Getting Fourth-Graders Excited About the Cardiovascular System (Lead PI: Patricia Halpin)

Getting Fourth-Graders Excited about the Cardiovascular System
Students Reached:37 fourth grade students
Lead Researcher:    Dr. Patricia Halpin, the University of New Hampshire
Lead Teacher:Ms. Heather Cantagallo, Sunapee Central Elementary School  

Dr. Patricia Halpin, of the University of New Hampshire, and Ms. Heather Cantagallo, of Sunapee Central Elementary School, designed in-class activities for fourth grade students. The activities were held in conjunction with the American Physiological Society’s Physiology Understanding (PhUn) week.

Dr. Halpin visited 37 fourth grade students at Sunapee Central Elementary School over three days. On the first day, Dr. Halpin explained how the respiratory and cardiovascular systems interact and what it means to measure one’s breathing rate, heart rate, and blood pressure. Ms. Cantagallo split the students into pairs and each student took these measurements for their partner. Teachers recorded the data, and Dr. Halpin introduced the scientific method. As a class they then designed an experiment. Students recorded their data in their lab report sheets and developed a hypothesis to test the next day. The class hypothesized that exercise would make heart rate, breathing rate, and blood pressure go up, and wrote a materials and methods section for the second day experiment.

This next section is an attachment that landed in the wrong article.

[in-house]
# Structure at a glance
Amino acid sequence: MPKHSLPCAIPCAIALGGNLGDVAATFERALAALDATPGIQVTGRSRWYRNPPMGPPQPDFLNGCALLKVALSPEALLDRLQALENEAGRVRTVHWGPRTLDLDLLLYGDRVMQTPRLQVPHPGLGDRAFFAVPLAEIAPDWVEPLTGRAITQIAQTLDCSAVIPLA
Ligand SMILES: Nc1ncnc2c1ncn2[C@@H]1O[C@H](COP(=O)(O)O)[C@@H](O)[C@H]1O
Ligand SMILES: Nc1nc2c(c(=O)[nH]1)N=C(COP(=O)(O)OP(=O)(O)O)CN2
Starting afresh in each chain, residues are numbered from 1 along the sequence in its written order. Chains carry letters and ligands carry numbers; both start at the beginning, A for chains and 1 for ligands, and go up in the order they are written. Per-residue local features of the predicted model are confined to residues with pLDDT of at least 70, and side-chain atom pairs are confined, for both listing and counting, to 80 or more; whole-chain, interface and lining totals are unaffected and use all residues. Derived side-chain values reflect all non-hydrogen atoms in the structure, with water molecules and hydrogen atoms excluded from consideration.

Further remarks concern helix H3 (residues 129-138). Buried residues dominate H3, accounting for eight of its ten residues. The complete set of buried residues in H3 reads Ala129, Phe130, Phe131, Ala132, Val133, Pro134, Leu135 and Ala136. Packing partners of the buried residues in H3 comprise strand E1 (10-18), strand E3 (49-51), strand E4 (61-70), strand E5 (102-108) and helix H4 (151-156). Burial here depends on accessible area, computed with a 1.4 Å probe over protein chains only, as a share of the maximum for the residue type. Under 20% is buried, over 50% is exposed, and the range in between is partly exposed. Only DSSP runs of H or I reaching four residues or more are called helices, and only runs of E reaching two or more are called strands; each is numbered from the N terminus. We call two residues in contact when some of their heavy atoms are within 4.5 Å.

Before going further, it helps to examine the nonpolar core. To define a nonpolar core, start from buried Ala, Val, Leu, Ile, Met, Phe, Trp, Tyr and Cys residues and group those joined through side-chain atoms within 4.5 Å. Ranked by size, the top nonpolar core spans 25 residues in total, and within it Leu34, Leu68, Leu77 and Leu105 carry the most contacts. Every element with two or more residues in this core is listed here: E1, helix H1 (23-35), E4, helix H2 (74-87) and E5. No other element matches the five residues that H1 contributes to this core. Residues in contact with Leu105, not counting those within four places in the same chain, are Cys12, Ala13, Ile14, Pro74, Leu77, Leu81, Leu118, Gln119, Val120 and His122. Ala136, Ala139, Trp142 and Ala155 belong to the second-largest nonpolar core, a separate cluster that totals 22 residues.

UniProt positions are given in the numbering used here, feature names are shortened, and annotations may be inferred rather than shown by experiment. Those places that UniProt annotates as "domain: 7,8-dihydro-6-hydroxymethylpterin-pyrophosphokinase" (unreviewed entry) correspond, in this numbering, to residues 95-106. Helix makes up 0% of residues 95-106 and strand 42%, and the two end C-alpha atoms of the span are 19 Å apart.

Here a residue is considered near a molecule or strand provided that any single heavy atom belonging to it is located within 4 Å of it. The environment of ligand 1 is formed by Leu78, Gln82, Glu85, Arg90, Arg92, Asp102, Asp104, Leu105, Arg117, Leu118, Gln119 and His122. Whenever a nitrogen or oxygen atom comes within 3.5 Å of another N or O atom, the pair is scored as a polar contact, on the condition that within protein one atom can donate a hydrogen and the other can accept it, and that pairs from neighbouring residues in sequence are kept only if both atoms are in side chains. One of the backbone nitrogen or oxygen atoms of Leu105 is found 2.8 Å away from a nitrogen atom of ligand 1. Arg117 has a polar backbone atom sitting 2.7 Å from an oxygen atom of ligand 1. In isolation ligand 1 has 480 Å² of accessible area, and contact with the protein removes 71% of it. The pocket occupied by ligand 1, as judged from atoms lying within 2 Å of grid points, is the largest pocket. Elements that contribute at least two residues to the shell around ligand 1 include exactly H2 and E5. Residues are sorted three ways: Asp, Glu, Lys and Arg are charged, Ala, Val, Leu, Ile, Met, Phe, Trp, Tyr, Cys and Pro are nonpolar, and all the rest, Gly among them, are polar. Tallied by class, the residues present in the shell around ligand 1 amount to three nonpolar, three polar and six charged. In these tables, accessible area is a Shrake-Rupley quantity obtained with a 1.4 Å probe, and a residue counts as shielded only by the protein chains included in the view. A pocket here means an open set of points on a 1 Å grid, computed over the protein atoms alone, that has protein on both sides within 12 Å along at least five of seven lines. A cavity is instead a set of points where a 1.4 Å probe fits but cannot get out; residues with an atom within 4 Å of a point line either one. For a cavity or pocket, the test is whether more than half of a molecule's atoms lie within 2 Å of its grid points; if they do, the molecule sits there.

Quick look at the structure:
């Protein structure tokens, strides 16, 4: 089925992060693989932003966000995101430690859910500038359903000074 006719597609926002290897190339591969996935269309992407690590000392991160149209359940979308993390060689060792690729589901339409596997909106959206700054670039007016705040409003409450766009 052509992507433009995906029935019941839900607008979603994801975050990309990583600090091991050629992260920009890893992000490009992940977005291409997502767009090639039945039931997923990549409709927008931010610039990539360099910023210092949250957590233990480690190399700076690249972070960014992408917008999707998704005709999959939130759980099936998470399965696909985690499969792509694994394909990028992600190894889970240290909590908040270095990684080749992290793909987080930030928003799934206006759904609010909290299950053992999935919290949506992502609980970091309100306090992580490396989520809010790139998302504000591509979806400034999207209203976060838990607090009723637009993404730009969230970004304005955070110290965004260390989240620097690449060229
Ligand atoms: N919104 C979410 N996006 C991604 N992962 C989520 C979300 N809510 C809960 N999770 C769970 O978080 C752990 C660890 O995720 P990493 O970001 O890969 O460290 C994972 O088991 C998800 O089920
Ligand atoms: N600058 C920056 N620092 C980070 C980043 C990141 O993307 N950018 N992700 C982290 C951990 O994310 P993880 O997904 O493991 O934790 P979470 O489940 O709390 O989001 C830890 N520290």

As their experiment, students took turns running laps around the playground for five minutes, then measured their blood pressure, heart rate, and breathing rate. Dr. Halpin plotted all their data, and on their third day students went through each data set. They identified the mean, median, and mode of the data, concepts which align with the fourth grade math curriculum, and also identified and explain outliers. They were given copies of their data for their lab reports, then wrote their own conclusion section and submitted the report to their teachers.

Students took pre and post tests demonstrating that they learned the material, and all students did well with their laboratory reports. Dr. Halpin also taught students about the differences between being a physiologist and a medical doctor and the educational paths for those careers.

ASBMB HOPES funding was used to purchase wrist blood pressure and heart rate monitors for the students, and these monitors have been used in future iterations of this program. Dr. Halpin presented this program at the ASBMB Annual Meeting in 2015, you can see the slides from her talk here.


Left: Dr. Halpin teaching a student to use the blood pressure and heart rate monitor
Right: Students collecting the heart rate, blood pressure, and breathing rate of their partners before and after running.